More Light. Less Heat.
On August 28, 1963, Dr. Martin Luther King, Jr., stood on the steps of the Lincoln Memorial before a quarter million people and delivered what has been hailed as the greatest speech ever given in the English language.
Toward the end of his speech, Mahalia Jackson, the internationally acclaimed Gospel singer, shouted, "Tell them about the dream, Martin!" That's when Dr. King departed from his prepared remarks and riffed on The Dream. That's the part of the speech most of us remember. And how could we forget so powerful a vision as the one Dr. King cast that day?
But there's another part of that speech you've probably never heard. Given where we are now, it may be one of the most important things he said.
"There is something that I must say to my people who stand on the warm threshold which leads into the palace of justice. In the process of gaining our rightful place we must not be guilty of wrongful deeds. Let us not seek to satisfy our thirst for freedom by drinking from the cup of bitterness and hatred.
We must forever conduct our struggle on the high plane of dignity and discipline. We must not allow our creative protest to degenerate into physical violence. Again and again we must rise to the majestic heights of meeting physical force with soul force."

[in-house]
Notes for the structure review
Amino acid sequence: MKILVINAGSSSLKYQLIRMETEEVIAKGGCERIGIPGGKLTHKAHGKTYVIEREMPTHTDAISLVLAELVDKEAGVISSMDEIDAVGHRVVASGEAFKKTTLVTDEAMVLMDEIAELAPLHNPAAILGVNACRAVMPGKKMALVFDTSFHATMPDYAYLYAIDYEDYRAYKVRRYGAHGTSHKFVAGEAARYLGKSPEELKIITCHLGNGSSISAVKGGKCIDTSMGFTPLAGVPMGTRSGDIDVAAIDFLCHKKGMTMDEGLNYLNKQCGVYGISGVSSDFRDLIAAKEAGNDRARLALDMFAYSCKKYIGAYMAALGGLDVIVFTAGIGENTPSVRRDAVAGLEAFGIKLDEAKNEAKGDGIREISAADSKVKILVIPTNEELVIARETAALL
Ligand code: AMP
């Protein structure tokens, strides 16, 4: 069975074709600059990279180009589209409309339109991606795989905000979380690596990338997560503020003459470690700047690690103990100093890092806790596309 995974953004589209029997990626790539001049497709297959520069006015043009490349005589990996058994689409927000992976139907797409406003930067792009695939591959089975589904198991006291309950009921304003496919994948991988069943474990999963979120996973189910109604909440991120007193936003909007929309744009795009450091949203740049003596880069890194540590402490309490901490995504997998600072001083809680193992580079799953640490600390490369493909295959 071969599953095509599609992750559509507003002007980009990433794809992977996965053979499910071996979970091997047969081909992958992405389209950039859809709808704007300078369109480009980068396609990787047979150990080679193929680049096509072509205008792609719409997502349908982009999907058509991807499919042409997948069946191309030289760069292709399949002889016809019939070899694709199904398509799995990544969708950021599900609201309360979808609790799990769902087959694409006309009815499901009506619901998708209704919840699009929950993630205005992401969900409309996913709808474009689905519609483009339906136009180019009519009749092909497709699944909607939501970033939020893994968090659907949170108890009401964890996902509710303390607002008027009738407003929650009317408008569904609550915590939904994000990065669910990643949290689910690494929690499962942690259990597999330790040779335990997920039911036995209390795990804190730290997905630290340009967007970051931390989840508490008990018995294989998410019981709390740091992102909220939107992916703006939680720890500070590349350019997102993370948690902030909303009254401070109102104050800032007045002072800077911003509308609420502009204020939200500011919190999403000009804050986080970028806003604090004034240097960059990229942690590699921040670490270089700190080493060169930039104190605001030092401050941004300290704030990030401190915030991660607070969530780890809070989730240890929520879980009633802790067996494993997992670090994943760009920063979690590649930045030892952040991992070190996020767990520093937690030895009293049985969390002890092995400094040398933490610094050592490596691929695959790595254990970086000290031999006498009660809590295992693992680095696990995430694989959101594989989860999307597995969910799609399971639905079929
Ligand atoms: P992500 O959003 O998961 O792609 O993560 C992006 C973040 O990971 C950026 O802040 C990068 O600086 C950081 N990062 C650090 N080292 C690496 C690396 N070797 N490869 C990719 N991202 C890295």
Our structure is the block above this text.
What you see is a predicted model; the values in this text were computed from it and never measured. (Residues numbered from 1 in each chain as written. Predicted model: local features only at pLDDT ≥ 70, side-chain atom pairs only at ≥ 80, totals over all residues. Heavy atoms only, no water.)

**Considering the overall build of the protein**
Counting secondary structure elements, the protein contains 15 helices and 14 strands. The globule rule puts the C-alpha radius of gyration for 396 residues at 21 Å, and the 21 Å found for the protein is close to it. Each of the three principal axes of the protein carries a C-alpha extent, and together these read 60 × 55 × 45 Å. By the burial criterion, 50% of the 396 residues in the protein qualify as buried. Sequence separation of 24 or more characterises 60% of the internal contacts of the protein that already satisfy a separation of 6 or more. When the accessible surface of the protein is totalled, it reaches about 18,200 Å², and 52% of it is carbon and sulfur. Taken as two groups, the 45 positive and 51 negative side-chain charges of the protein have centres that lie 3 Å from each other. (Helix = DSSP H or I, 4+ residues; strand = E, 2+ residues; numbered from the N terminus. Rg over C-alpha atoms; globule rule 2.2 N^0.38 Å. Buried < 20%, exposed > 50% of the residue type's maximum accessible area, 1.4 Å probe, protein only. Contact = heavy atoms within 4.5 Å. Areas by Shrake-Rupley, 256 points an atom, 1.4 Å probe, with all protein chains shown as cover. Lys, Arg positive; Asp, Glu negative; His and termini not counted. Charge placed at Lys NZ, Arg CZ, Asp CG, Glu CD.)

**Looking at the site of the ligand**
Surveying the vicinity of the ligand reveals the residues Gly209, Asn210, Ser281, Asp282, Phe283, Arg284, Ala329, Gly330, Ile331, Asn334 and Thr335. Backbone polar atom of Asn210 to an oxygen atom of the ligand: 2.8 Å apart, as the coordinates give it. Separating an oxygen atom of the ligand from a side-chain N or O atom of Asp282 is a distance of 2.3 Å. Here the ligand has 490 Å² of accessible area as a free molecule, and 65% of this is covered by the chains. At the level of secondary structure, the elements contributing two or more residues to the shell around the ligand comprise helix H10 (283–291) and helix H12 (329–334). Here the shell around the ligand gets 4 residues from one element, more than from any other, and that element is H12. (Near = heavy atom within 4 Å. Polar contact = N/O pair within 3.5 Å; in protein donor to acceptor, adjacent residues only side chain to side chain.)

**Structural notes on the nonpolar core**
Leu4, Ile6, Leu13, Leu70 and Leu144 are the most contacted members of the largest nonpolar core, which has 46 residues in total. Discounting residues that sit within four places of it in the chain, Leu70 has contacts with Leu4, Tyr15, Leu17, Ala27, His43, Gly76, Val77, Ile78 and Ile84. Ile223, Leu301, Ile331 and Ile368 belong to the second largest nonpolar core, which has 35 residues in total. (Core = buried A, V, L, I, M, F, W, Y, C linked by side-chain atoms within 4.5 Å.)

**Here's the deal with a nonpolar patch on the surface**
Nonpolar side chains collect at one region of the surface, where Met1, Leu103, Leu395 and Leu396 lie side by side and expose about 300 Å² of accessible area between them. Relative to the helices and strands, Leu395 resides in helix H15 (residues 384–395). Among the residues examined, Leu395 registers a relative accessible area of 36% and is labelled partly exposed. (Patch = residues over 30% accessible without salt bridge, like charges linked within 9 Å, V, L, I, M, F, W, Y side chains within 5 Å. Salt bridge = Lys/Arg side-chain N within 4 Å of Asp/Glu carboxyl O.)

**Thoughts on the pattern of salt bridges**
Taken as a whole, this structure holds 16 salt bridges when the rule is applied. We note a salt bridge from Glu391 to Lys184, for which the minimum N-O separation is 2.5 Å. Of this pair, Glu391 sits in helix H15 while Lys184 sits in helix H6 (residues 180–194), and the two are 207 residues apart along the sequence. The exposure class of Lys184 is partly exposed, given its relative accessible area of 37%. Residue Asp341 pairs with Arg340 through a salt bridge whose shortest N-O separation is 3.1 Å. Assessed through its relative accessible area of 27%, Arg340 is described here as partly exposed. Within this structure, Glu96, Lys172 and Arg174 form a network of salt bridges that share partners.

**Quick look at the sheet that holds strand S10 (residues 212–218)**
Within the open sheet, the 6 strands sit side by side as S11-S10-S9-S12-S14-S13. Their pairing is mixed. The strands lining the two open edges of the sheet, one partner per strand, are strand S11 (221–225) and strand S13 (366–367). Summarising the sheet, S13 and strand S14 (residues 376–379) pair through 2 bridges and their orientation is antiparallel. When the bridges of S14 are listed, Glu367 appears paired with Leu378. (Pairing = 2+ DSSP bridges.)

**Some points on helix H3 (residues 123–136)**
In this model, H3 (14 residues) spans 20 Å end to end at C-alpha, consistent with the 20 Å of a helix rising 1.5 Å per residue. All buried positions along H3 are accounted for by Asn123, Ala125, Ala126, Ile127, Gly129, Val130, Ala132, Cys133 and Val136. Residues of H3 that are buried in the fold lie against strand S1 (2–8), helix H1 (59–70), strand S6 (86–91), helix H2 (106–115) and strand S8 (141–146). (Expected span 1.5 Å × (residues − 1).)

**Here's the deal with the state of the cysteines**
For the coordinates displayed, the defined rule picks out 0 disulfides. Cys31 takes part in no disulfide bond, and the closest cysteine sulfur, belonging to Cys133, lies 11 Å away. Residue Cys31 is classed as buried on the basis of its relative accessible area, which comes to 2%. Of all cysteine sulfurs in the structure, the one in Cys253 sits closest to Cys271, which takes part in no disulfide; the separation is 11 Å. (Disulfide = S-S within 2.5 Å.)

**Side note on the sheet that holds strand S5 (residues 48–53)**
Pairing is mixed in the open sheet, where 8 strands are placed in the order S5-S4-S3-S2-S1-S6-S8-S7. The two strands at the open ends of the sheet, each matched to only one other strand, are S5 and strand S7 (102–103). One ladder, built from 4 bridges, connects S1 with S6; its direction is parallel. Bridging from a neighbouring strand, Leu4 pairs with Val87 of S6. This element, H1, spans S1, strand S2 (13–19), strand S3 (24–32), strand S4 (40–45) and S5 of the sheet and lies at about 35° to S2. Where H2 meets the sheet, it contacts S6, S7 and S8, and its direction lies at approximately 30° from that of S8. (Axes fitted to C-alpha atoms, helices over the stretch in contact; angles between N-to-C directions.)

Dr. King paid attention not just to the content of his dream, but to the conduct of the dreamers. He was courageous to envision a meaningful new reality. But he was just as concerned about how that vision was realized. In fact, it was Dr. King's insistence on creative non-violence that set his dream apart from others that were being offered at the time.
Given the destructive riots in American cities throughout the summer of 2020 and the shameful assault on the capital the first week of 2021, I'd say we have had more than a sip from the cup of bitterness and hatred. We have turned it bottom up and drained it. Sadly, that's about the only expression of bipartisanship we've seen. Neither Democrats nor Republicans can claim the high moral ground of dignity and discipline.
In this climate of bitterness, Christians have a responsibility to model a different way. In the Sermon on the Mount, Jesus told us to turn the other cheek. Go the extra mile. Love and pray for our enemies. He said we are the light of the world. That's what the world needs right now. More light. There's already too much heat.